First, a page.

SKAGEN Focus lured by Japanese reforms
A wave of change is sweeping through Japan. The global equity fund SKAGEN Focus has been quick to seek out exciting investments in the country.
The Japanese stock market has long been one of the world's cheapest. Japanese companies have lagged their US counterparts, and inefficiency along with passive shareholders have dissuaded foreign investors from investing.
In order to make companies more competitive and revitalise the Japanese economy, Shinzo Abe's government introduced a Code of Good Practice in 2014 and a Corporate Governance Code in 2015, requiring companies to improve their capital allocation and act in a more shareholder friendly manner.
However, development is slow and has been hampered by lack of transparency and cross-ownership between companies, banks and insurance companies. The average age of companies' board members remains high, independent members are few and far between, and women are largely absent. Frequently, general meetings take place on the same day, making it difficult for shareholders to attend.
Investor push for development
Nonetheless, the pressure on companies is increasing. The Japanese Central Bank and state pension funds have started to invest in domestic stocks and shareholders in general have started to become more active. In order to speed up the developments, an increasing number of active investors are buying into Japanese companies. Together with asset managers and institutional investors, they are demanding greater transparency and a better return on their investments.
These developments have captured the interest of the value investors running the high concentration equity fund, SKAGEN Focus, which has significantly increased its exposure to the country over the past year.
"It is simply too cheap to ignore, both from an absolute and relative perspective. We think that it is just a matter of time before companies are forced to become more efficient in their capital management," says portfolio manager Jonas Edholm.
One of the latest additions to the SKAGEN Focus portfolio is Bank of Kyoto, a conservative regional bank with substantial net cash and a giant portfolio that includes companies such as Nintendo and Kyocera.
According to the portfolio managers' analysis, the market does not value the bank's portfolio correctly, however, and Bank of Kyoto is currently trading at 50 percent of its intrinsic value. A trigger that may make the share price rise to its correct value, would be if the bank were to start selling off its holdings and distributing capital to shareholders instead of continuing to build its own portfolio.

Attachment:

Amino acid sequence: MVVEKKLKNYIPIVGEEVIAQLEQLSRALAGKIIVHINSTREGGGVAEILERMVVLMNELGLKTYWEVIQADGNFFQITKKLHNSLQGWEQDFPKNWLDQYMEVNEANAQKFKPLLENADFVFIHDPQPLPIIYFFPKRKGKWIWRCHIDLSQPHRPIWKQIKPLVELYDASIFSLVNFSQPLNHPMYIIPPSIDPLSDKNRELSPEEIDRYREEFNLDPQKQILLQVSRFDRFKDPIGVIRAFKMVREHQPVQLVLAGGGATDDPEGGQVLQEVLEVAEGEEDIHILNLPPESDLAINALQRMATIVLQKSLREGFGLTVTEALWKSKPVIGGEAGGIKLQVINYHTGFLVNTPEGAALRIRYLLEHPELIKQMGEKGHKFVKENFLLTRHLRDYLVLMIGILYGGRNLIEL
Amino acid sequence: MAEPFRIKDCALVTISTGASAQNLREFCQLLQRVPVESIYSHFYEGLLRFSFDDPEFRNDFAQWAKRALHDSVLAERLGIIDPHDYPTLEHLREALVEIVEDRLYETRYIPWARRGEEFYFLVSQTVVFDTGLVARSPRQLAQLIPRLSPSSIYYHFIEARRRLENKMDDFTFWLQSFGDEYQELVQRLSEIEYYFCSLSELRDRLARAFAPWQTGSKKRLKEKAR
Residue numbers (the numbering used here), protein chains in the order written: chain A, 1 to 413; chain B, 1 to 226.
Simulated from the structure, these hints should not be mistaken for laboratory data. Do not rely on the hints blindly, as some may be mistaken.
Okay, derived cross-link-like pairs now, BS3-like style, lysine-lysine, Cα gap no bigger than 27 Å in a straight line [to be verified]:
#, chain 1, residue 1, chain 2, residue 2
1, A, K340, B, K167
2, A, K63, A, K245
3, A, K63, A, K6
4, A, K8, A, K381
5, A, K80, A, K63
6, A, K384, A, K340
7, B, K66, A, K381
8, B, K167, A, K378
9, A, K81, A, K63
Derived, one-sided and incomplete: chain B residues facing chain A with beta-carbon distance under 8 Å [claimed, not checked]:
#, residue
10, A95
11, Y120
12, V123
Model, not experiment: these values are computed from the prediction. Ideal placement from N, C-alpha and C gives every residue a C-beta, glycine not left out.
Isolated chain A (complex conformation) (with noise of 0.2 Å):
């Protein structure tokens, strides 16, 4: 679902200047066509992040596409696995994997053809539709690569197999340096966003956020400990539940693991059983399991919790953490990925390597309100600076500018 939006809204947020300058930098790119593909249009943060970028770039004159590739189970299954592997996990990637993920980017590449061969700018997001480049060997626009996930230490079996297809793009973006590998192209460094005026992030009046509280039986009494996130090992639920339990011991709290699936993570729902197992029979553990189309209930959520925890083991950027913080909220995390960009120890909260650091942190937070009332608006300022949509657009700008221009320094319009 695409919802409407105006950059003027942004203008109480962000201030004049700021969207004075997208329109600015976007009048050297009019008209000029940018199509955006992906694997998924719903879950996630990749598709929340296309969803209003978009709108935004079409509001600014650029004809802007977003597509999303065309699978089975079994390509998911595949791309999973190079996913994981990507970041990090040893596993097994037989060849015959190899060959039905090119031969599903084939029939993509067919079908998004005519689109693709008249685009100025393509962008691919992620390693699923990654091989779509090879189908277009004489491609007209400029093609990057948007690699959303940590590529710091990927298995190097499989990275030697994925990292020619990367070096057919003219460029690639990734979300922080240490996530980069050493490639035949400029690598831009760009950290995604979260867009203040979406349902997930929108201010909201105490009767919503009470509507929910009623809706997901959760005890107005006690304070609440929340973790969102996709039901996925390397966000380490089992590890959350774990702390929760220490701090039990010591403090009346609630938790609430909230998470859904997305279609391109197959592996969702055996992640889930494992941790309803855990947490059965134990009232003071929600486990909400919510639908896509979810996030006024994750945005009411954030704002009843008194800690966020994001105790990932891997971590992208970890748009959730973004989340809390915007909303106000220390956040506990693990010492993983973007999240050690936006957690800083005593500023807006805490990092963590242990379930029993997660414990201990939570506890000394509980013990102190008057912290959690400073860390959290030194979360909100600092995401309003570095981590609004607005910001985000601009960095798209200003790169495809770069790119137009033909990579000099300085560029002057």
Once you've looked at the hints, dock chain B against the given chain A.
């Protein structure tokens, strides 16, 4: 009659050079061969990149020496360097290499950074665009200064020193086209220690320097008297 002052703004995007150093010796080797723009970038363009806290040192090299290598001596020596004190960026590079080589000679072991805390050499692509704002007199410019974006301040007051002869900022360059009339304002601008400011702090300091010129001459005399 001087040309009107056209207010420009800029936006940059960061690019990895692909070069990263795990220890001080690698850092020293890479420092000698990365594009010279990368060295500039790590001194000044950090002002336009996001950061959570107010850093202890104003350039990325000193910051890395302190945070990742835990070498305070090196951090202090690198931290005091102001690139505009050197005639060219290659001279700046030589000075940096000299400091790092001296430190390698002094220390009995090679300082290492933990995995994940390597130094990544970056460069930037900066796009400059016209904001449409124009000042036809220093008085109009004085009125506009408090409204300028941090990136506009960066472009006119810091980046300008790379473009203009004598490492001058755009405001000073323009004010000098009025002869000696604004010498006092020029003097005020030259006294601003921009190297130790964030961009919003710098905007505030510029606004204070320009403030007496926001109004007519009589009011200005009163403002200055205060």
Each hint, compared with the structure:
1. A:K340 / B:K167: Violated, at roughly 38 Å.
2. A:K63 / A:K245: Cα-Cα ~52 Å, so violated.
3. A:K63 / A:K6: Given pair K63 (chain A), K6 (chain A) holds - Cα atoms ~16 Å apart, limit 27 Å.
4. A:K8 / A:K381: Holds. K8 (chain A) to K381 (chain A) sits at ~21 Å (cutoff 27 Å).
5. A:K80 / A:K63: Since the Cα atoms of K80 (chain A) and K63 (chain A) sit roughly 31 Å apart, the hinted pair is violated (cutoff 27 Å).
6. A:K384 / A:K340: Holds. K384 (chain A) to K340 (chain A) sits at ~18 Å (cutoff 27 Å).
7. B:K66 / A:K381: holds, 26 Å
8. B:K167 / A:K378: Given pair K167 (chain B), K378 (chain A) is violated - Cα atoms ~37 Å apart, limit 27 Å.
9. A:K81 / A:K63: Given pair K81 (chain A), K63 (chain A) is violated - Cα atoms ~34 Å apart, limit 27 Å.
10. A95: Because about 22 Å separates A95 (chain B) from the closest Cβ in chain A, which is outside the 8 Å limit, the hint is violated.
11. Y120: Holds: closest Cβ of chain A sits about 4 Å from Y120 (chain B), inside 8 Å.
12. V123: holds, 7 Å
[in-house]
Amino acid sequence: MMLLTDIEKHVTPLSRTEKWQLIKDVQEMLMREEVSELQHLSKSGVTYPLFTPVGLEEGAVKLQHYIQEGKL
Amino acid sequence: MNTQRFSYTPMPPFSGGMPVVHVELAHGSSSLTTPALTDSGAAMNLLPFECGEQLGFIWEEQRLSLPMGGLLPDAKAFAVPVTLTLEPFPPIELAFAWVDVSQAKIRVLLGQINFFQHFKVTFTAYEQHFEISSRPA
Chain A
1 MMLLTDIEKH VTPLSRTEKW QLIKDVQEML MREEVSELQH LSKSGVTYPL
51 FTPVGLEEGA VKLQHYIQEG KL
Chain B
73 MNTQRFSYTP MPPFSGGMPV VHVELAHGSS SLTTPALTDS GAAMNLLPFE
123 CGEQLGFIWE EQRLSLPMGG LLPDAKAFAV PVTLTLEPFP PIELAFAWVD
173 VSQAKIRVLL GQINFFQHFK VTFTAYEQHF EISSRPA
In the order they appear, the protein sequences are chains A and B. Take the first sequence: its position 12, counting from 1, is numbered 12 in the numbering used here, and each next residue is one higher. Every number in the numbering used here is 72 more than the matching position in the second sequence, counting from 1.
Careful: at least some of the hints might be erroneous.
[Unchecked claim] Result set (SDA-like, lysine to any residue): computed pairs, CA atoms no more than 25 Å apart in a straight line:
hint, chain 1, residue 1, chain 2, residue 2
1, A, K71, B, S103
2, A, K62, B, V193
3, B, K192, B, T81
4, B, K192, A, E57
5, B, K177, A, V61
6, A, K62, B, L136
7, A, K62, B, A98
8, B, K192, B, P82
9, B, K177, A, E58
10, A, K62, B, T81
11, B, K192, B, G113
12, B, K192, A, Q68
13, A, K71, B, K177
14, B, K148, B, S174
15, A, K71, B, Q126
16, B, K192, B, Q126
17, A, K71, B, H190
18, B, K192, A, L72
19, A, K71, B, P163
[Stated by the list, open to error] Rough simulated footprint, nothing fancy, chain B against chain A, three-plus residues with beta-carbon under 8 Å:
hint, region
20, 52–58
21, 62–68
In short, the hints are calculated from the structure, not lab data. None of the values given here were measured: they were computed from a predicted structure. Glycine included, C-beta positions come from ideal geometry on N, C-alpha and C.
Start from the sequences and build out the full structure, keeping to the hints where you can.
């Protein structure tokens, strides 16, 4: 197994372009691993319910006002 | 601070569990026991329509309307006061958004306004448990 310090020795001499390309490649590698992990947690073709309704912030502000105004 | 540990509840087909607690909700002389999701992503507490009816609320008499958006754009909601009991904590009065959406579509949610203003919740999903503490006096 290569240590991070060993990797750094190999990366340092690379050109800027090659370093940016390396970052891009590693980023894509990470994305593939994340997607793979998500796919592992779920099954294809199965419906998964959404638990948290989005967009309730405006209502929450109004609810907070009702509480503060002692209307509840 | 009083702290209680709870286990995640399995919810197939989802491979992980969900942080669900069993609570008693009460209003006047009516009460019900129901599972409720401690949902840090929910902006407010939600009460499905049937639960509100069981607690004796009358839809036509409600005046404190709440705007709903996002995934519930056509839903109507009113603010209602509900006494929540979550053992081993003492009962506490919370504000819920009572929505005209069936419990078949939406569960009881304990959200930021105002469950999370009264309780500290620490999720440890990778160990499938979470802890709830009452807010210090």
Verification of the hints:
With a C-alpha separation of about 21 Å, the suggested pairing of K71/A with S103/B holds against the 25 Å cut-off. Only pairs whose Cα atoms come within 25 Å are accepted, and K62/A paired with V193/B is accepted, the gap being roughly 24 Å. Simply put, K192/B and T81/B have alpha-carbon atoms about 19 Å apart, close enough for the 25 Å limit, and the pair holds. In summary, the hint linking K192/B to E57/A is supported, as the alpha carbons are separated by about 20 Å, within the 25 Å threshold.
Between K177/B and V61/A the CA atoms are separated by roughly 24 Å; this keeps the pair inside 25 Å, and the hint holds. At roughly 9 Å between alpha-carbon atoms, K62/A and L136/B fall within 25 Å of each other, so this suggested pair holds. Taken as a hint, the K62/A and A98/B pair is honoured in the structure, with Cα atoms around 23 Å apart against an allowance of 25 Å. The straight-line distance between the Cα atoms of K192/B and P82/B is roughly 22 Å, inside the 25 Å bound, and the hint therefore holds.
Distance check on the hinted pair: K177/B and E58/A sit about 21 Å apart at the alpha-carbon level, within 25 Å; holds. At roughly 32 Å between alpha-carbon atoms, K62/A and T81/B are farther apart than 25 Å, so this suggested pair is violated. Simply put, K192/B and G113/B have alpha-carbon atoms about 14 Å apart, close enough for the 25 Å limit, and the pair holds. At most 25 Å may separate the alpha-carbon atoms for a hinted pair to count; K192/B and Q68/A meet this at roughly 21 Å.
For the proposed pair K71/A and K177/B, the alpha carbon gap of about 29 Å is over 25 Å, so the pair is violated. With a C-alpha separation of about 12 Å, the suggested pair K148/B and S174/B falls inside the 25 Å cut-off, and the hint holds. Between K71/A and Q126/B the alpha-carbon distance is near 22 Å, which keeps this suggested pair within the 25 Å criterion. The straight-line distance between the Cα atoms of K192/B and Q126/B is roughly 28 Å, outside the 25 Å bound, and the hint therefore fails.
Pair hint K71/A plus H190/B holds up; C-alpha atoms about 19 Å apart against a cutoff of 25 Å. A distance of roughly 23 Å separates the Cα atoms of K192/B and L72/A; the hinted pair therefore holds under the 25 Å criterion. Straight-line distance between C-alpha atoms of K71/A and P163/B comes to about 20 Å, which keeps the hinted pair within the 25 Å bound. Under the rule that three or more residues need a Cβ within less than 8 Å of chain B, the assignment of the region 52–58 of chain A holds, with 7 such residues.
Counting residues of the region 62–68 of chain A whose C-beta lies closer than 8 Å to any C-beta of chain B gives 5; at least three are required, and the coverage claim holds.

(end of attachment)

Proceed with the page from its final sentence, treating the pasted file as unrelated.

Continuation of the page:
Re-rating for fire protection
SKAGEN Focus' most recent investment, Japanese Teikoku Sen-I, is a similar case. The company has its roots in the early twentieth century textile industry and today specialises in protective clothing and fire and counter terrorism equipment. The company has a major investment in the property company, Hulic, which is a good example of illogical Japanese cross-ownership.
If you calculate the value of the holding in Hulic, the core activity is worth almost nothing. In April this year, the Japanese activist investor Sparx increased its holding in the company significantly and demanded value-enhancing changes, including a plan to distribute dividends to shareholders.
Teikoku has reported good results over the past few quarters, which is also reflected in the share price. The SKAGEN Focus portfolio managers still see a 50 percent upside in the share, and have increased their holding in the summer, bringing it up to around one percent of the fund.
Upturn for cement
The cement company Taiheiyo is an exception among the fund's Japanese holdings. The company is indebted and has suffered from slow growth in a Japanese cement market that has been depressed for around a decade.
Thanks to a combination of a sharp increase in demand driven by the 2020 Tokyo Olympics and investors becoming aware of Taiheiyo's operations in the US, the share price has risen from 270 yen to 430 yen in the period since SKAGEN Focus initiated its position in August 2016. The portfolio managers are starting to scale back the position now that the target price has been reached.
Japan's extremely successful technology and telecoms conglomerate SoftBank, led by the genius founder Masayoshi Son, has been part of the SKAGEN Focus portfolio since the fund was launched in May 2015. SoftBank has been described as a venture capitalist, asset manager and private equity company. They have a large investment portfolio and are major shareholders in Chinese Alibaba's e-commerce business, amongst other things.
The company trades at less than 45 percent of the value of its aggregated assets. Here too, a possible catalyst for re-rating is that the company sells its assets and begins distributing dividends to shareholders.
"As extremely price-driven value investors, we see the price of Japanese companies relative to what they own as very appealing. Given the reforms sweeping through the company's stock market, we see the potential for share prices reaching new highs. As we see it, we are getting one euro for 50 cents," says Jonas Edholm.